Capturing Ethnicity: The Case Of Ukraine

Olga Onuch, Henry E Hale

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Building on past survey-based studies of ethnic identity, we employ the case
of Ukraine to demonstrate the importance of taking seriously the
multidimensionality of ethnicity, even in a country that is regarded as
deeply divided. Drawing on relational theory, we identify four dimensions of ethnicity that are each important in distinctive ways in Ukraine: individual language preference, language embeddedness, ethnolinguistic identity, and nationality. Using original survey data collected in May 2014, we show that the choice of one over the other can be highly consequential for the conclusions one draws about ethnicity’s role in shaping attitudes (e.g., to NATO membership), actions (e.g., participation in the Euromaidan protests), and the anticipation of outgroups’ behavior (e.g., expectations of a Russian invasion). Moreover, we call attention to the importance of including the right control variables for precisely interpreting any posited effects of ethnicity, making specific recommendations for future survey research on ethnic identity in Ukraine.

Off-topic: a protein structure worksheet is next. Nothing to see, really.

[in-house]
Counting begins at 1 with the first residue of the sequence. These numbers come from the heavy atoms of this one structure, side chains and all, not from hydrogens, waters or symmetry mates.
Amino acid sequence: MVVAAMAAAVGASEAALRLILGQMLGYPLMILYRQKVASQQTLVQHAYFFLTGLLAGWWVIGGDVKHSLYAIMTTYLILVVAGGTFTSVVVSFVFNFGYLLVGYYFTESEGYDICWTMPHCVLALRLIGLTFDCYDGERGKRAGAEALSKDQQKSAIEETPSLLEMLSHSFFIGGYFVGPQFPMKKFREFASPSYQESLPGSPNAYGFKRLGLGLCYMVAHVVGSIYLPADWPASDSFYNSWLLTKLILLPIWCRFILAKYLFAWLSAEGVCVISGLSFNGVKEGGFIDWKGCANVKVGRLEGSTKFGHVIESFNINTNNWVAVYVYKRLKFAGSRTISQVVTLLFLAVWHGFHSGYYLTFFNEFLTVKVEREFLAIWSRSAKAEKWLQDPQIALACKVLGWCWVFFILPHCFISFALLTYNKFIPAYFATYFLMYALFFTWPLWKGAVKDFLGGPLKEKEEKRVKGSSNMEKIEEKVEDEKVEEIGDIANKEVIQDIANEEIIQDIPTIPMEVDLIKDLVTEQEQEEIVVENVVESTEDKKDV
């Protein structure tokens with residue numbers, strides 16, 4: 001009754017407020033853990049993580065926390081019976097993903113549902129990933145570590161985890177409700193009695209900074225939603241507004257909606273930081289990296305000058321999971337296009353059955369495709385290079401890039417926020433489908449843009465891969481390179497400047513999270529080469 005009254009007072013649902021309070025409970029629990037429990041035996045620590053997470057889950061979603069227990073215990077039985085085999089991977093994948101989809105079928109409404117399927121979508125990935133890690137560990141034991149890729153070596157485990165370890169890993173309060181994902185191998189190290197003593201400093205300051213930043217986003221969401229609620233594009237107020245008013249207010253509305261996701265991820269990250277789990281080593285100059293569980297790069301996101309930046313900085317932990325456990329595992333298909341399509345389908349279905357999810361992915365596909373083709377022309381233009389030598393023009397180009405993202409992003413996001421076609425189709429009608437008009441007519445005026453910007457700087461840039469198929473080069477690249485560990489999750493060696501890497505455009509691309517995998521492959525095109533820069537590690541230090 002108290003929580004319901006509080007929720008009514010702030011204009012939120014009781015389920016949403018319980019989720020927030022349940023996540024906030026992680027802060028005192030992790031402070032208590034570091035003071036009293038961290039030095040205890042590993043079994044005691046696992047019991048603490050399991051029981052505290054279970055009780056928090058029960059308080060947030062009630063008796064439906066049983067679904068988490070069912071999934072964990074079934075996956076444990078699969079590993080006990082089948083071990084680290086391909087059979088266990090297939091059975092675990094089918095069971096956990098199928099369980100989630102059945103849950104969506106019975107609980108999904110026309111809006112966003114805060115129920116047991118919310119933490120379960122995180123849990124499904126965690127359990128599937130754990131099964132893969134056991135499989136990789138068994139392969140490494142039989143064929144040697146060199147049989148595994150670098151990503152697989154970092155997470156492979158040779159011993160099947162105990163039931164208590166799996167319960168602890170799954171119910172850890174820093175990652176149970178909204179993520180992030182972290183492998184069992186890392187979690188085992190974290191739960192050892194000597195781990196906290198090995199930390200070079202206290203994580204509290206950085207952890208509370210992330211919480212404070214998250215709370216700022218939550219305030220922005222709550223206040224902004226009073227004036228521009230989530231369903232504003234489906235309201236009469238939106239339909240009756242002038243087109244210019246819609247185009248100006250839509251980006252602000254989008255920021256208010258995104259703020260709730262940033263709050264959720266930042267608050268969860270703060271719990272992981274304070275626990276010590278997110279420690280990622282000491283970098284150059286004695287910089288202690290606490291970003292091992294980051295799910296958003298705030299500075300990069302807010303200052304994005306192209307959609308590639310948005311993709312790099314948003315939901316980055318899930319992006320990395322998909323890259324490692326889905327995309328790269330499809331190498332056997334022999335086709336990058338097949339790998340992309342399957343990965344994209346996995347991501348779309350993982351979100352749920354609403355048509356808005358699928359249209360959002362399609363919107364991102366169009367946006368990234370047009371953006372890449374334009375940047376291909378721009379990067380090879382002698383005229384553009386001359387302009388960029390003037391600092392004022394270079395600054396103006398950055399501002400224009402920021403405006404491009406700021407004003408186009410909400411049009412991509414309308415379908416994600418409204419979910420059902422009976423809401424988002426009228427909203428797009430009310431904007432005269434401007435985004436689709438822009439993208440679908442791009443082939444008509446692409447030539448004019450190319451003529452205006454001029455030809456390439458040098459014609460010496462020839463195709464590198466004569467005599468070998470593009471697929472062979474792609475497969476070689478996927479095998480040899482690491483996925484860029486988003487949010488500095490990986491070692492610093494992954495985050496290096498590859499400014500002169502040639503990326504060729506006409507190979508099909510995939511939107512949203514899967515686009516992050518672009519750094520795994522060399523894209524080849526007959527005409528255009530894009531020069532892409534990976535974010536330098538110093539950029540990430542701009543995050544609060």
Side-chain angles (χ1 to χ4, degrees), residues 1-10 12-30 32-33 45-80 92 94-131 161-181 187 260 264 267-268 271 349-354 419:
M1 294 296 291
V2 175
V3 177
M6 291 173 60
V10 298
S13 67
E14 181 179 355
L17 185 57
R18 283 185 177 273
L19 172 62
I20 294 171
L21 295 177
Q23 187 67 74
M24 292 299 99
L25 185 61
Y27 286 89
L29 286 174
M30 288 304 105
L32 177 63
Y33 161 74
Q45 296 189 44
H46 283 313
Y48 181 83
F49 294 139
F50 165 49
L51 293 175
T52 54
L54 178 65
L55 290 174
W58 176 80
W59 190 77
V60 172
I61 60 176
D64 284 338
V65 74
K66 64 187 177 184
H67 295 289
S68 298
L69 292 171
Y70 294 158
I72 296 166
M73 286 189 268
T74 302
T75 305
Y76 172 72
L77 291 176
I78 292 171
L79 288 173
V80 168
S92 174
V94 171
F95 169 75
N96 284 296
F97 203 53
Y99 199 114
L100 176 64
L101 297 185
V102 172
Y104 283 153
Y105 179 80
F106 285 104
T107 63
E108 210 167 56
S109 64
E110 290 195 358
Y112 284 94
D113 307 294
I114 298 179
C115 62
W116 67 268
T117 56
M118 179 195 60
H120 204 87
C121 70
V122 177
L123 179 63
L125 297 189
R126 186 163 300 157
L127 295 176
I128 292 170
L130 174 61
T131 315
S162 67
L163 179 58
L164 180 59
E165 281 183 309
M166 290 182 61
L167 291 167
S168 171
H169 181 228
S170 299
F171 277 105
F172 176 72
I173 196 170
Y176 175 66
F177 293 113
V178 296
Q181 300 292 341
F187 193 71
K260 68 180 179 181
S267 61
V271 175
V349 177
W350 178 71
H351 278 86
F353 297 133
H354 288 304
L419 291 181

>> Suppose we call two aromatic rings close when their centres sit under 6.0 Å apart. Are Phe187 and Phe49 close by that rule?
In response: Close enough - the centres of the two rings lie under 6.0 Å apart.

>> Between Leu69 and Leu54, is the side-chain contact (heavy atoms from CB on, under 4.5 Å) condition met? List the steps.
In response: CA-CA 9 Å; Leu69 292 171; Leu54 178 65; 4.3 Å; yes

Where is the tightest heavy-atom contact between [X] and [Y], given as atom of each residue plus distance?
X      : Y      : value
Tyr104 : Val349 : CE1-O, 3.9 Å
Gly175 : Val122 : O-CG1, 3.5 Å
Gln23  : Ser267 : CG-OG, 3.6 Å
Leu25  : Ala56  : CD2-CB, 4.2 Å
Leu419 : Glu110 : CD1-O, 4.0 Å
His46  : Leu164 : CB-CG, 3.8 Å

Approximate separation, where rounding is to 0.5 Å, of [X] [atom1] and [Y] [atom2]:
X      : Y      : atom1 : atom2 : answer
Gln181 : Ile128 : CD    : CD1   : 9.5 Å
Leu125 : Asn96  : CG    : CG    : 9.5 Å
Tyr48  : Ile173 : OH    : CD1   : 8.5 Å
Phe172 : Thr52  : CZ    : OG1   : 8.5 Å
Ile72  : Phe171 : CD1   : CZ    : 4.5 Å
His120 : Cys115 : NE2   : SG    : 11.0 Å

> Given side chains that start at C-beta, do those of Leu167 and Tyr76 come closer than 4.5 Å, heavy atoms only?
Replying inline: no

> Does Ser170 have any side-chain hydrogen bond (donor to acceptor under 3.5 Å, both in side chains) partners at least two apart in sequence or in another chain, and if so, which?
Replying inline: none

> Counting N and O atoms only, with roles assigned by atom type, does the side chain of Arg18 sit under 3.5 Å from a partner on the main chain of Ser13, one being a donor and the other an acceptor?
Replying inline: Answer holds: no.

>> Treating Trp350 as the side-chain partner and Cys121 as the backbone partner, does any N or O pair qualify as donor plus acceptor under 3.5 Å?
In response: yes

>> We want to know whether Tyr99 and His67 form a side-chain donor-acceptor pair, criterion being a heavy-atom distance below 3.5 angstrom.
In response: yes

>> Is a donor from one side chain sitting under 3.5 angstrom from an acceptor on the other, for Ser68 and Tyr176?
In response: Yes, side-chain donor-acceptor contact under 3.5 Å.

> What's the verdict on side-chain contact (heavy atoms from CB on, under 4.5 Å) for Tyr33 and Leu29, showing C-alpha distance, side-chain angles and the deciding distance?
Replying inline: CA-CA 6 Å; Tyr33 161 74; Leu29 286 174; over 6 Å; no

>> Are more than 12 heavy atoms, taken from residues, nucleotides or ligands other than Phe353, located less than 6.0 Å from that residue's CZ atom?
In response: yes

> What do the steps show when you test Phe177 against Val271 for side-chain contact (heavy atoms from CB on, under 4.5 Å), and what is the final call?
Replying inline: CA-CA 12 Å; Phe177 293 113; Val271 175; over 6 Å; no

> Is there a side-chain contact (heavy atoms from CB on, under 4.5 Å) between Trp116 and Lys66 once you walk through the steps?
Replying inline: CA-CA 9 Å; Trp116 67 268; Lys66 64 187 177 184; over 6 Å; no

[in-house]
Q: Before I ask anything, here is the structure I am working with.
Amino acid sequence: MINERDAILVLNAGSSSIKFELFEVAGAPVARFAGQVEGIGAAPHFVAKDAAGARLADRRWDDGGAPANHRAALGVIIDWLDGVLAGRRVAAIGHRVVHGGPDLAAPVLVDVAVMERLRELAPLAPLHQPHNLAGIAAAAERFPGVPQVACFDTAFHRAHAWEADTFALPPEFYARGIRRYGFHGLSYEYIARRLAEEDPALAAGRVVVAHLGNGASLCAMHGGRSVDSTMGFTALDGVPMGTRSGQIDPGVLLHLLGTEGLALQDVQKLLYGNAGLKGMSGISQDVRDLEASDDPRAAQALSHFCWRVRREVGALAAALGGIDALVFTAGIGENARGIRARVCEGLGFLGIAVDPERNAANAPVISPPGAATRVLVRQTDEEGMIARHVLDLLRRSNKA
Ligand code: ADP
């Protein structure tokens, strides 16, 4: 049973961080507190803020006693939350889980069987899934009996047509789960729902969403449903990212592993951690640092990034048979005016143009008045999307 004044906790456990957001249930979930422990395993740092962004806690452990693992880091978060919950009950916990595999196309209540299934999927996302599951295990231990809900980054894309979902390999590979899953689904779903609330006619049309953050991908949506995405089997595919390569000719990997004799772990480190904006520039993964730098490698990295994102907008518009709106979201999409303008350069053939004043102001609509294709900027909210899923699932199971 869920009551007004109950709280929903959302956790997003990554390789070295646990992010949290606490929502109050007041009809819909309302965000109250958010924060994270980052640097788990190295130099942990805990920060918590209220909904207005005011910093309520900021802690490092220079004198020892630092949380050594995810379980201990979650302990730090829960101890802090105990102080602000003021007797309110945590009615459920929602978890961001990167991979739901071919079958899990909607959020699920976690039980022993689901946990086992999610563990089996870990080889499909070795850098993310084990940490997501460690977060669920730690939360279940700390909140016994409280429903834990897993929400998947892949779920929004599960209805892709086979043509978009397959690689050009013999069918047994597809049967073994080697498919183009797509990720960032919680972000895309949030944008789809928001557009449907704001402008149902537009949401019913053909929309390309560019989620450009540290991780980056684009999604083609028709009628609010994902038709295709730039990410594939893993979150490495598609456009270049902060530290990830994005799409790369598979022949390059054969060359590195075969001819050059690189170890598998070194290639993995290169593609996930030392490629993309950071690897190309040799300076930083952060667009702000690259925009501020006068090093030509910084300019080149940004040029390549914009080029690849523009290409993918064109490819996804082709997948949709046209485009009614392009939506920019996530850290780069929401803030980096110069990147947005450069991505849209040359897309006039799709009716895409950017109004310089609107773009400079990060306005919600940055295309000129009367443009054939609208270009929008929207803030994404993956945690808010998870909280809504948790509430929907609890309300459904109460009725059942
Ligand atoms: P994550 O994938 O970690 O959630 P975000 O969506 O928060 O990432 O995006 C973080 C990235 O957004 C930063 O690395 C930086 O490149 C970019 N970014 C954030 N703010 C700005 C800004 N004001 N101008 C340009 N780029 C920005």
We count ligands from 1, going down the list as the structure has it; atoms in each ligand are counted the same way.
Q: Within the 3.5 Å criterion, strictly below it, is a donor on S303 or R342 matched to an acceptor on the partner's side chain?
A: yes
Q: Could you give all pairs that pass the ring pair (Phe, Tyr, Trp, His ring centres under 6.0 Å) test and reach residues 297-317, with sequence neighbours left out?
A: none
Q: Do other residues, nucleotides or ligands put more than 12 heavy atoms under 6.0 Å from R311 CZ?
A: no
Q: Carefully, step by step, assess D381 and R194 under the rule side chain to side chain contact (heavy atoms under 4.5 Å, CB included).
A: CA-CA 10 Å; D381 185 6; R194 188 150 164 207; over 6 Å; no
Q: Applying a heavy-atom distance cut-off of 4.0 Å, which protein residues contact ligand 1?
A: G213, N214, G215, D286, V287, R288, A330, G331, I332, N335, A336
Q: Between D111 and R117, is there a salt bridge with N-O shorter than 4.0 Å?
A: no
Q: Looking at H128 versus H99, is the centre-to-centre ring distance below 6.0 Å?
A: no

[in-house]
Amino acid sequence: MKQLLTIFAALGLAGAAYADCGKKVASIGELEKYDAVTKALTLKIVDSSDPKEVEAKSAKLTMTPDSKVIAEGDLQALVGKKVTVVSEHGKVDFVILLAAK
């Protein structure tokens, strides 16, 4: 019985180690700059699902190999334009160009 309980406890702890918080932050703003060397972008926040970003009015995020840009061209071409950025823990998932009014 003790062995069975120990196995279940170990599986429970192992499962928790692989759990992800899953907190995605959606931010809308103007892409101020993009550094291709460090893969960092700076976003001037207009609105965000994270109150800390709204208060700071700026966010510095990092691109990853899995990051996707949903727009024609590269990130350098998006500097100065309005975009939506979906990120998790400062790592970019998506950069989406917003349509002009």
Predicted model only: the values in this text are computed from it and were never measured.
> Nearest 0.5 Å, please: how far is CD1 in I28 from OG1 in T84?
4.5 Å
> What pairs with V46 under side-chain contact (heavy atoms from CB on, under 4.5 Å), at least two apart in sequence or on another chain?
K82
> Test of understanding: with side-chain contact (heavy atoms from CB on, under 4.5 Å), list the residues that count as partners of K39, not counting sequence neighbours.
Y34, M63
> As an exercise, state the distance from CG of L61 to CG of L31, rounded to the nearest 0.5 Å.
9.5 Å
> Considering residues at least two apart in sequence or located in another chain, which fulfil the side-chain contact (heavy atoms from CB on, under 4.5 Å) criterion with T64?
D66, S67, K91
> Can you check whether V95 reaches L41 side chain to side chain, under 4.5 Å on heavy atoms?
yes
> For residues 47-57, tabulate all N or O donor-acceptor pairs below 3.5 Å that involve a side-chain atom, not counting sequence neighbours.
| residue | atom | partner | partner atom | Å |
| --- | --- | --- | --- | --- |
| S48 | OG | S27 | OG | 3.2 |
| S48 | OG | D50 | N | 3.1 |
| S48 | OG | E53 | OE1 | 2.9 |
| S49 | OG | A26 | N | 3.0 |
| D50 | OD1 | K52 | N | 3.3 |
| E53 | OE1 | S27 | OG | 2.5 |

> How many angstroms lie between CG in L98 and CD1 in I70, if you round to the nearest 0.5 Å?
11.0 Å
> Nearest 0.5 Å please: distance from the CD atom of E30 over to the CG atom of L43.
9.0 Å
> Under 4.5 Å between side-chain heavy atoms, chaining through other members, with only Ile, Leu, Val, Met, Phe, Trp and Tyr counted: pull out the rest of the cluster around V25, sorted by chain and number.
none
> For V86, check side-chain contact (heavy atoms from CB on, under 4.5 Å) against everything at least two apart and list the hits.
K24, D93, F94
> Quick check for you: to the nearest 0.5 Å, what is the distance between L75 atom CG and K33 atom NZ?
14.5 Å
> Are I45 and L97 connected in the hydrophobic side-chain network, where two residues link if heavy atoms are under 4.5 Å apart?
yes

Original languageEnglish
Article number1
Pages (from-to)84-106
Number of pages22
JournalPost-Soviet Affairs
Issue number2-3
Early online date12 Apr 2018
Publication statusPublished - 2018


  • ethnicity
  • indentity
  • language
  • Ukraine
  • public opinion
  • political behavior


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